My first hot meal on a (non-premium) domestic American flight was a big success, and I look forward to more, including a full lunch or dinner service, in the months to come.

Featured image by (Photo by Zach Griff/The Points Guy)
Editorial disclaimer: Opinions expressed here are the author’s alone, not those of any bank, credit card issuer, airline or hotel chain, and have not been reviewed, approved or otherwise endorsed by any of these entities.

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TPG Editor‘s Rating
Card Rating is based on the opinion of TPG‘s editors and is not influenced by the card issuer.
4 / 5
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10XEarn unlimited 10X miles on hotels and rental cars booked through Capital One Travel
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Why We Chose It

The Capital One Venture X card is one of the best all-round travel credit cards ever launched. Not only is it offering a tremendous welcome bonus, but cardholders can earn tons of miles on everyday spending and receive a 10,000-mile anniversary bonus to boot. Its annual fee is $395, but cardholders can count on up to $300 in statement credits toward travel booked through Capital One Travel each year and other valuable benefits like access to Priority Pass lounges and Capital One’s own growing family of airport lounges.

Pros

  • Excellent welcome offer worth 75,000 miles after you spend $4,000 on purchases in the first three months.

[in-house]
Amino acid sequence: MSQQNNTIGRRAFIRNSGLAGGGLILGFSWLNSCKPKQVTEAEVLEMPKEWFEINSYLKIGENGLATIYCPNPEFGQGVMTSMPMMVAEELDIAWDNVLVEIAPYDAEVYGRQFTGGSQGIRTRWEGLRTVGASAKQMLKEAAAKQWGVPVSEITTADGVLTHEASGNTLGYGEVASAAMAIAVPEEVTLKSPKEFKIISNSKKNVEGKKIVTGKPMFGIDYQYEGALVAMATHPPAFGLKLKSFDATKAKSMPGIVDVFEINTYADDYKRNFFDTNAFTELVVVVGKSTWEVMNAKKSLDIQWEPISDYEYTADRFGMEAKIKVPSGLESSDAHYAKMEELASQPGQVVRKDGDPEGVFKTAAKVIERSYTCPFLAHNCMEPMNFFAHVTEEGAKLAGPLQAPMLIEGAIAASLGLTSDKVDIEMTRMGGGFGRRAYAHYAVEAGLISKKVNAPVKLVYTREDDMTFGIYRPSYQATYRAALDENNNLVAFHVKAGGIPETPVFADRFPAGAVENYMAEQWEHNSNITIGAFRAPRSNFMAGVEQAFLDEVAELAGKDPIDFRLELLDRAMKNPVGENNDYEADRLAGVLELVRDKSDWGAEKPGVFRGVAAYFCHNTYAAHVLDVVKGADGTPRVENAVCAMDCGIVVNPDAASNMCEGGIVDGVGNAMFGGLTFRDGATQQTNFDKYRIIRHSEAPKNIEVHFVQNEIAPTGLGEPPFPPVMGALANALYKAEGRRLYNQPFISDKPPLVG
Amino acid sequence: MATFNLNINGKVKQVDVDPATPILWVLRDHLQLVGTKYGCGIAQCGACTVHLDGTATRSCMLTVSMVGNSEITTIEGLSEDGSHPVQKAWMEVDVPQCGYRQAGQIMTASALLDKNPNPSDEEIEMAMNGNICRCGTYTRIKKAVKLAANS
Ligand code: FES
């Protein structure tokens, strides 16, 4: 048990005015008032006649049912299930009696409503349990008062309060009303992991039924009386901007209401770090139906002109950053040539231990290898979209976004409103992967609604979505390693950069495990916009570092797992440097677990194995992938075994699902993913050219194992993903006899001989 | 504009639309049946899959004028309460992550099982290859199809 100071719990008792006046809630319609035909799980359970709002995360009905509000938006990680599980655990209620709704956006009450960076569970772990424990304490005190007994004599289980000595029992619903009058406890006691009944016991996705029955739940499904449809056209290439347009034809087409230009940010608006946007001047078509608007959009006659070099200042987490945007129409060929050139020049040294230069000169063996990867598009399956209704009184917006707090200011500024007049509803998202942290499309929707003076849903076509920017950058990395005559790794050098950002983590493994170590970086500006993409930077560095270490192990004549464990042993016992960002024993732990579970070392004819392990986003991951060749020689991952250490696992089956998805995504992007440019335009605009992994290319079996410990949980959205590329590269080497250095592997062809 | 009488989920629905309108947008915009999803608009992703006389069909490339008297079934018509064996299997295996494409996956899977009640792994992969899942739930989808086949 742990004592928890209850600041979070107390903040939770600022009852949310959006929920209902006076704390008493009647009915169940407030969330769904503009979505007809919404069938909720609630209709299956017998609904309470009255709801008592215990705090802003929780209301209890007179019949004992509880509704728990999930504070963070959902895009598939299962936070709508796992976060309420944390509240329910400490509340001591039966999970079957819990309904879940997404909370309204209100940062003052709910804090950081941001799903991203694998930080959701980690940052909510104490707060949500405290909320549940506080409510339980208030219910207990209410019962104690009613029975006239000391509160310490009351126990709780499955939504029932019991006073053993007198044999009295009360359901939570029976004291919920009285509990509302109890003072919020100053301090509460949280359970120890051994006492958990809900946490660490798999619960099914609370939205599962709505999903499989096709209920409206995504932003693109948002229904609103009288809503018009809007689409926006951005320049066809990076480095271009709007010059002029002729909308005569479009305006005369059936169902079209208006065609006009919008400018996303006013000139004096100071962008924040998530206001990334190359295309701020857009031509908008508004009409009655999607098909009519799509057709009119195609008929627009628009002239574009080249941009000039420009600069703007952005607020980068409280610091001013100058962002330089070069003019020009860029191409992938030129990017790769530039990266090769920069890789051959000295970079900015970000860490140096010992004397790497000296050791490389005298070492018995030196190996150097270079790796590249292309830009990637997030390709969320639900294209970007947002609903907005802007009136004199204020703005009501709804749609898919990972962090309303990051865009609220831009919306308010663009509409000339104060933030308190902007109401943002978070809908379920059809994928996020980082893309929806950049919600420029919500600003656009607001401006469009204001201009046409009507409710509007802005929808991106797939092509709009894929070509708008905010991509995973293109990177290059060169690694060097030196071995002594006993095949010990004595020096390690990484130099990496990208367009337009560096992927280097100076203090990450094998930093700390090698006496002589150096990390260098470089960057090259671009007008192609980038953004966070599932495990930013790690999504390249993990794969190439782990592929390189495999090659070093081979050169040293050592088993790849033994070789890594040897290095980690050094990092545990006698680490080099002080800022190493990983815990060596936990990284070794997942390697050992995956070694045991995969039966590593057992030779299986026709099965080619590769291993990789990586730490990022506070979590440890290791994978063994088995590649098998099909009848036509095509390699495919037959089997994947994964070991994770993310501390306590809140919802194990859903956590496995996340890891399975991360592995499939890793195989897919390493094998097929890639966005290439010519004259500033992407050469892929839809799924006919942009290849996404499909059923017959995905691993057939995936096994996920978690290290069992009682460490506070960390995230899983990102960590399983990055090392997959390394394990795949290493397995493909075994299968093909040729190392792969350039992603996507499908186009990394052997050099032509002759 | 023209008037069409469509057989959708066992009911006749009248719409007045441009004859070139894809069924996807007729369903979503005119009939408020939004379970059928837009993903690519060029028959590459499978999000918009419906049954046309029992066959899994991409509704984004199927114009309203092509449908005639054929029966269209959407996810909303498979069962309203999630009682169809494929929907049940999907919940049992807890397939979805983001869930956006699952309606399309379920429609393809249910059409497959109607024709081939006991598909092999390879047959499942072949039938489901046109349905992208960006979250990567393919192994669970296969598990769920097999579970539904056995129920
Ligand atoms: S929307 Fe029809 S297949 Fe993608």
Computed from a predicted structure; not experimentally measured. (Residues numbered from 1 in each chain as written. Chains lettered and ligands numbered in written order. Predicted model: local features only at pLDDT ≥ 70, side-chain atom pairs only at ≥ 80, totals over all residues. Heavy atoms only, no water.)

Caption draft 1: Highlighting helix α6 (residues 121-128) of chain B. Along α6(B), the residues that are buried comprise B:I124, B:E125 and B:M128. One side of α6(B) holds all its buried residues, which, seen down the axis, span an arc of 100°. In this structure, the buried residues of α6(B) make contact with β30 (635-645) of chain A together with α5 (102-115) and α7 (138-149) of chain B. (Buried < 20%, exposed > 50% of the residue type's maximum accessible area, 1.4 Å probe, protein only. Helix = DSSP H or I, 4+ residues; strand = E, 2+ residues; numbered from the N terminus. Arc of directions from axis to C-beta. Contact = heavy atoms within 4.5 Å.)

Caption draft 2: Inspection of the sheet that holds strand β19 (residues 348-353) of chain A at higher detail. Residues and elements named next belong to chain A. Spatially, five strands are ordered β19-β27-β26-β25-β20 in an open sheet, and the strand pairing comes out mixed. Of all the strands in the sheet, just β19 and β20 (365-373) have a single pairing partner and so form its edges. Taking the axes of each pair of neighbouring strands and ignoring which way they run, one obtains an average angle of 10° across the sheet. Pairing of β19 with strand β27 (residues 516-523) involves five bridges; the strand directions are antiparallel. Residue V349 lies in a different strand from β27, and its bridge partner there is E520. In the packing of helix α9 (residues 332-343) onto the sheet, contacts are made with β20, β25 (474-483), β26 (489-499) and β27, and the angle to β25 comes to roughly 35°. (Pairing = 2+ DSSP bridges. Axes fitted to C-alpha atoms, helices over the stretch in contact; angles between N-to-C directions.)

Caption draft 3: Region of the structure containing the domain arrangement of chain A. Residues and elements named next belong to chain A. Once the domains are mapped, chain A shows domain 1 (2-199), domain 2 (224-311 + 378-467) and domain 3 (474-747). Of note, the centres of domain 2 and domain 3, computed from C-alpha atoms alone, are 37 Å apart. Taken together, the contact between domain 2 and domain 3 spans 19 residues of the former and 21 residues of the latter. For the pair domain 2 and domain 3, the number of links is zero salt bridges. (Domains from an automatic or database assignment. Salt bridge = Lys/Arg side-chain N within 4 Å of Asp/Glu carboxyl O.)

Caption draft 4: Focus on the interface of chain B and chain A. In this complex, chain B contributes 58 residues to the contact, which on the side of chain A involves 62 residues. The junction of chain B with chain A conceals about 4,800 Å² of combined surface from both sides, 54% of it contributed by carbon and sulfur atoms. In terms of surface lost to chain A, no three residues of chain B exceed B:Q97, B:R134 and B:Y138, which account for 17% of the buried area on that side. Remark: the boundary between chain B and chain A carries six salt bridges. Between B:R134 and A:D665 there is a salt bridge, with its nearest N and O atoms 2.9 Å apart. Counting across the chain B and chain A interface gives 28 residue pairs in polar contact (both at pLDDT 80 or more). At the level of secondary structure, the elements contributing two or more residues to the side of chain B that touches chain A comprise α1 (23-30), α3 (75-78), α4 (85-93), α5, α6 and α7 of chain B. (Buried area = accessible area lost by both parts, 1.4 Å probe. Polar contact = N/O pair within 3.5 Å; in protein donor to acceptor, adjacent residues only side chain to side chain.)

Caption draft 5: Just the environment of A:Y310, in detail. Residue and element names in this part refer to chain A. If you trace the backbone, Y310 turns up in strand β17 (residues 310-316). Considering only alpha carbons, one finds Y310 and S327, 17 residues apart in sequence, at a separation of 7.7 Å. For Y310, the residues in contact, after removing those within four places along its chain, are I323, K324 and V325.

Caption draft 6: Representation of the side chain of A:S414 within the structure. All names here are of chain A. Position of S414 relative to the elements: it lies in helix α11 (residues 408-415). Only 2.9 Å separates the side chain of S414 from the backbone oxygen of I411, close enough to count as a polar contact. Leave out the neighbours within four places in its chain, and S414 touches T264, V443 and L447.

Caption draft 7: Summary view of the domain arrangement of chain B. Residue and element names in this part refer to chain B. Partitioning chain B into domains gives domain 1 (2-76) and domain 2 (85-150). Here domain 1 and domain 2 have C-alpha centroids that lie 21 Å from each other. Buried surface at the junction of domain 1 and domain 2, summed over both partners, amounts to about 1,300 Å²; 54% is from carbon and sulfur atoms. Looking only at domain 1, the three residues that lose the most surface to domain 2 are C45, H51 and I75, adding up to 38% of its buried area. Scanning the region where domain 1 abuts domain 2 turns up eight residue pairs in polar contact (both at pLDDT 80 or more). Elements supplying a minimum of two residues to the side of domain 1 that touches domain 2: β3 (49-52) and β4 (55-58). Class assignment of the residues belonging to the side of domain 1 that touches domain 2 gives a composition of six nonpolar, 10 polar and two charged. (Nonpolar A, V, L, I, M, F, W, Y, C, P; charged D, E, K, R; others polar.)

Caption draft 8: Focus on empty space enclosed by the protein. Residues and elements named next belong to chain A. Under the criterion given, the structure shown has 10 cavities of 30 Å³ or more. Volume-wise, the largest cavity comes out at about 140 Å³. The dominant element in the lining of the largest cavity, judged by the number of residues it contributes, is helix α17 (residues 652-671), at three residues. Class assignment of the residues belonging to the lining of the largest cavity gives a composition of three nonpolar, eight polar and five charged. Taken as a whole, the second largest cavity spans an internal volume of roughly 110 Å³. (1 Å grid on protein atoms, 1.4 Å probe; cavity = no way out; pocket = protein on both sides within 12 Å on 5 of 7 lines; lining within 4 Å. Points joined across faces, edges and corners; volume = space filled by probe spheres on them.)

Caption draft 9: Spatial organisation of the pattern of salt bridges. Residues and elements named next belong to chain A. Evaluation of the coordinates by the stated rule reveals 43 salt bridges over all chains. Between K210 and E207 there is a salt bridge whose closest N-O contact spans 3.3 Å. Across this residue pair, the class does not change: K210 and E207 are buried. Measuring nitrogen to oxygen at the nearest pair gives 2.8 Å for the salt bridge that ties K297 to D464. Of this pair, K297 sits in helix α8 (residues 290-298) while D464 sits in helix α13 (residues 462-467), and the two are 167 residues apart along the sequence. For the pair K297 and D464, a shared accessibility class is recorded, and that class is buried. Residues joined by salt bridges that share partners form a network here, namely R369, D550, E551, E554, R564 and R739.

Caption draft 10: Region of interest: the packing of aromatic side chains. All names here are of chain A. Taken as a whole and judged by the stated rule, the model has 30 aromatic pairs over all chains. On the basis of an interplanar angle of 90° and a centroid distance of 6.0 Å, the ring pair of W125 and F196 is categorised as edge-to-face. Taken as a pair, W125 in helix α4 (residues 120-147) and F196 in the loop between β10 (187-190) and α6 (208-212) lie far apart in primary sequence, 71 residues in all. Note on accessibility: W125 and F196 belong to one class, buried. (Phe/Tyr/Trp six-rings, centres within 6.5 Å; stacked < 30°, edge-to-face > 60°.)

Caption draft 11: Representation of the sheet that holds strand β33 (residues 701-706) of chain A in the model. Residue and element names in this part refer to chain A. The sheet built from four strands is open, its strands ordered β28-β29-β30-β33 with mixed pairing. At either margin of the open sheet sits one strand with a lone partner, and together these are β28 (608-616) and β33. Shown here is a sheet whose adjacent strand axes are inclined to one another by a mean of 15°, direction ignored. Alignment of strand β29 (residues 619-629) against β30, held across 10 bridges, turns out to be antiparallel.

• Up to $300 in annual travel statement credits toward bookings make through Capital One Travel.
  • 10,000 bonus miles (worth $100 toward travel) each account anniversary.

Cons

  • The $395 annual fee might be expensive for some, but this card’s benefits provide much more value than that.
  • If you don’t travel frequently, this might not be the best card for you.
  • Earn 75,000 bonus miles when you spend $4,000 on purchases in the first 3 months from account opening, equal to $750 in travel
  • Receive up to $300 back annually as statement credits for bookings through Capital One Travel, where you'll get Capital One's best prices on thousands of options
  • Get 10,000 bonus miles (equal to $100 towards travel) every year, starting on your first anniversary
  • Earn unlimited 10X miles on hotels and rental cars booked through Capital One Travel and 5X miles on flights booked through Capital One Travel
  • Earn unlimited 2X miles on all other purchases
  • Unlimited complimentary access for you and two guests to 1,300+ lounges, including Capital One Lounges and the Partner Lounge Network
  • Receive up to a $100 credit for Global Entry or TSA PreCheck®
  • Use your Venture X miles to easily cover travel expenses, including flights, hotels, rental cars and more—you can even transfer your miles to your choice of 15+ travel loyalty programs
  • Named editors' choice for "Best New Credit Card of 2021" by The Points Guy
  • Earn 10 miles per dollar when you book on Turo, the world's largest car sharing marketplace, through May 16, 2023